Thu, Feb 16, 2006 - Page 8 News List

ETC hints at Big Brother system

By Huang Hsu 黃旭

Amid a wave of resistance from road users, the Electronic Toll Collection (ETC) system was put into effect on major expressways last Friday by the Ministry of Transportation and Communications (MOTC). But the utilization rate for the ETC lanes, open only to vehicles fitted with special on-board units (OBUs), was limited.

It is estimated that the number of drivers using the new system is only around 30,000, far short of the MOTC's target. The dissatisfaction expressed through the Consumers' Foundation and through e-mail petitions has proved a setback for the system's contractor, Far Eastern Electronic Toll Collection Co (FETC). In a tug-of-war between FETC and consumers, the salient issue has been price, but the issue of the system's future has also come up and is certainly worthy of further consideration.

The e-mail petition has served its purpose by focusing attention on the high price of OBUs, and should be sufficient to convince drivers with even a limited awareness of consumer rights to oppose the implementation of the new system. FETC misjudged its market, believing that people would be willing to pay a relatively high price for quicker passage through the ETC turnpikes. Unfortunately, most drivers seem to believe that the new ETC gates are not much better than the original toll collection system.

Publicity for the ETC focuses on the fact that instead of having to stop and pay the toll, drivers can pass through the turnpike at the relatively high speed of 40kph. But there is more to the introduction of this system than just this convenience. Communications Magazine recently reported that following the current plan, a distance-based ETC system will be used by 2010.

In other words, there will be a shift from the current system, which charges a fee based on the number of times a vehicles passes through a turnpike, to a distance-based metering system. It suggests that an ETC system using infrared technology will be installed at all entrance and exit ramps, and drivers will be charged based on the distance they have traveled on the tollway.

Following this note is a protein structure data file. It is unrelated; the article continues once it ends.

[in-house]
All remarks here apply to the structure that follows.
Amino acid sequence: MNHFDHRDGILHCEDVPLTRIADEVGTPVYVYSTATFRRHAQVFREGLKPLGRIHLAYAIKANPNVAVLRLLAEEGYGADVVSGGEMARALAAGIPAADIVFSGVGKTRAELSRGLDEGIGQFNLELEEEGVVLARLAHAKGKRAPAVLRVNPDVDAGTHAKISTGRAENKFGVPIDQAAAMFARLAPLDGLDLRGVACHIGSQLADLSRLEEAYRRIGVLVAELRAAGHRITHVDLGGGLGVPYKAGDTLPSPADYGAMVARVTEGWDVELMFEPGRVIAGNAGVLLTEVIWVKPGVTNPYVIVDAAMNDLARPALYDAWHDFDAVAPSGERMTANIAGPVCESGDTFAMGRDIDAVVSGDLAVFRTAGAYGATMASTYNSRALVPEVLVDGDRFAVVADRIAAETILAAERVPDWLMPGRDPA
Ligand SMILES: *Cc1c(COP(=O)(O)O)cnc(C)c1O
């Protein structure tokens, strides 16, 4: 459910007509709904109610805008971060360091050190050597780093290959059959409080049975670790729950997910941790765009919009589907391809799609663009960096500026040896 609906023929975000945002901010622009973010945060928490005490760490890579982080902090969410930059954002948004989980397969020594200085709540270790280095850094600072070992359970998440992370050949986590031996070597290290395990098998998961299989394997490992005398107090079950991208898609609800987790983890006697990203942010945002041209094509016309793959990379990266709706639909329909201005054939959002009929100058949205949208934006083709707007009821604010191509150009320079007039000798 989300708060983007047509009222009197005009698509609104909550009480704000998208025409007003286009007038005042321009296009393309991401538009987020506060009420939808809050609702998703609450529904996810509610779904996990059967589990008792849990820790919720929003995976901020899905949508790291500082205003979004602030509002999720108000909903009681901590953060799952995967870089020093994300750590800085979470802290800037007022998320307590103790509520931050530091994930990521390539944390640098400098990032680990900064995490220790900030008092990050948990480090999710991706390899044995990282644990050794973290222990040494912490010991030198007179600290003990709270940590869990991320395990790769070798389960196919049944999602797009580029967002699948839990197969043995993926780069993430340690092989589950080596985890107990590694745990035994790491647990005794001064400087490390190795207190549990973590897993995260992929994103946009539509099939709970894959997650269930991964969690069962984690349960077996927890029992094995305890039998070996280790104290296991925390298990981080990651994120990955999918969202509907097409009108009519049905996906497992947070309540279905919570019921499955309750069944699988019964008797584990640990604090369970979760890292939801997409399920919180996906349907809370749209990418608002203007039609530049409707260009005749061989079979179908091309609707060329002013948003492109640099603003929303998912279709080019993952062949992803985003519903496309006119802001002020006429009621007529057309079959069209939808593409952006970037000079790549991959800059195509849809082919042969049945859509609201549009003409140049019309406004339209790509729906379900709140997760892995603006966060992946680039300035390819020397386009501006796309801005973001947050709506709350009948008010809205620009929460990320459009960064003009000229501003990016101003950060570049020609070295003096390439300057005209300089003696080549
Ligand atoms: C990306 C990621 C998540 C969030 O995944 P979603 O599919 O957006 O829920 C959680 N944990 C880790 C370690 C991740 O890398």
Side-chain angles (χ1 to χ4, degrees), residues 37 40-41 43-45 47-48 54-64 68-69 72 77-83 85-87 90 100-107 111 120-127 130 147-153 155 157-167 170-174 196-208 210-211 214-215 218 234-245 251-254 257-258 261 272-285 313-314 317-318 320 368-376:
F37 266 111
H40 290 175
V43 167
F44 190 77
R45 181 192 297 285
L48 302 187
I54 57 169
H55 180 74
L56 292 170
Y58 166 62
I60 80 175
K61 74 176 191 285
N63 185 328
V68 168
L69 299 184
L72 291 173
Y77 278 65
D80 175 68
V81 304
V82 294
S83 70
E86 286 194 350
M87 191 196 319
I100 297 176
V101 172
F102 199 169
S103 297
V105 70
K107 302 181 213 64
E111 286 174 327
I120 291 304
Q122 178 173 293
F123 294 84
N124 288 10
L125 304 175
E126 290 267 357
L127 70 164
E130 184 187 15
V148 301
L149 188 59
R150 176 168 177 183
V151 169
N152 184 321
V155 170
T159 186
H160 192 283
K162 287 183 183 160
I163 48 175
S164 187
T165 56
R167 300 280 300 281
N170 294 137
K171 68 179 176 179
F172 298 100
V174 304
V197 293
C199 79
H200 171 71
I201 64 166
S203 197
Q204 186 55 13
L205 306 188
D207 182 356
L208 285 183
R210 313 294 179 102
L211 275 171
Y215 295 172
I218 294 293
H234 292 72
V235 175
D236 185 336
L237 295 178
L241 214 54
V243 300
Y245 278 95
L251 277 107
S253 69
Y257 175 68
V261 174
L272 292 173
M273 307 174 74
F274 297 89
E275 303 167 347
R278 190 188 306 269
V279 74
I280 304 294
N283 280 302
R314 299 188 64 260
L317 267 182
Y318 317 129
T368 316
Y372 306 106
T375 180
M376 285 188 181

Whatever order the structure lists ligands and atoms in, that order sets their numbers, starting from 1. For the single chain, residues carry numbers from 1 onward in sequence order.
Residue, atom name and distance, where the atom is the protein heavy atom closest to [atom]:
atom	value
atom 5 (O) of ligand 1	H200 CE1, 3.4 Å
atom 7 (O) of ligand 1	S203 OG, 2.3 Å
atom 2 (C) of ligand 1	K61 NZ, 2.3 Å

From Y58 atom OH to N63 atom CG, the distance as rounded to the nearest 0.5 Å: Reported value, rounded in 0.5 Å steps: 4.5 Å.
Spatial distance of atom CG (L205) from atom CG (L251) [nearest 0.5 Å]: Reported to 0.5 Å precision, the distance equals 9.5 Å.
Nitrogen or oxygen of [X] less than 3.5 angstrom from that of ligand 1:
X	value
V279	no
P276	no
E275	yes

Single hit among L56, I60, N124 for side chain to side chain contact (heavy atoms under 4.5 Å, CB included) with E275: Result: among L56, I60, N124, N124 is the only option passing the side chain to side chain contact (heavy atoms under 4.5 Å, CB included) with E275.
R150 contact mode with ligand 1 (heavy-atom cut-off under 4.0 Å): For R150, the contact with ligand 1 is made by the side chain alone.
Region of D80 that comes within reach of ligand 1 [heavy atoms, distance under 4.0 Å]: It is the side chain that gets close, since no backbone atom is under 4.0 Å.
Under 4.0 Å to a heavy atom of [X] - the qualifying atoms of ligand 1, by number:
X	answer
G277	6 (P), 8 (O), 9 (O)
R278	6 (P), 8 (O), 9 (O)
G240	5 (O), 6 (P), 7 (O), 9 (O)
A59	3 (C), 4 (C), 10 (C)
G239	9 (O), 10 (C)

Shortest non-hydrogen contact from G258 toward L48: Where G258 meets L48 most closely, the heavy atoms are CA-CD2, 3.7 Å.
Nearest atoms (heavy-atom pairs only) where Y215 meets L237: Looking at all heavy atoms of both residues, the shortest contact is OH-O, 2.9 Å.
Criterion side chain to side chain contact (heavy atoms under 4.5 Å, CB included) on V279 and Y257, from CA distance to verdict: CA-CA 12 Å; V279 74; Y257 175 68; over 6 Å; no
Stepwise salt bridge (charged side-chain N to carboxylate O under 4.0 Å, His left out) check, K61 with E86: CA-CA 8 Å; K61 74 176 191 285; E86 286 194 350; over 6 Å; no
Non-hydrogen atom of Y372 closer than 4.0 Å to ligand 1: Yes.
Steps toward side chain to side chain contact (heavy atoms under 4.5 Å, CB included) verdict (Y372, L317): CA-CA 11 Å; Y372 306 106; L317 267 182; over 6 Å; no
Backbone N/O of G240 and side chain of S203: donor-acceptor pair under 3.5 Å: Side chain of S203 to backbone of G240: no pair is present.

This is clearly setting the stage for the introduction of private roads -- the current project is just the first phase of a much wider computerization of toll collection.

The introduction of distance-based ETC will have an impact on the real-estate market. A longer trip along the expressway will demand a higher toll. But under the great banner of "user pays," ETC technology is also worthy of our attention.

One option for toll payment would be the stored-value EasyCard used by the Taipei MRT. But the anonymity of such a system restricts its business functionality, or reduces its convenience. The back-end of the ETC billing system requires access to personal data so that bank accounts can be directly debited.

Cooperation with banks might even allow the OBU to be used as a means of paying for gasoline, parking fees, entrance tickets and even motel bills. Such a system would provide the requisite convenience, but the cost of introducing it would see a shift away from the anonymity of payment systems such as EasyCard.

Even if we don't mind that our level of interpersonal interaction is being reduced, we should be concerned about the personalized surveillance that new technology has made possible. Every time we pass a roadside sensor, our accounts can be debited by toll-collection corporations, and ultimately, when the technology becomes fully mature, every move we make will be recorded on the pretext of improving transportation or public order.

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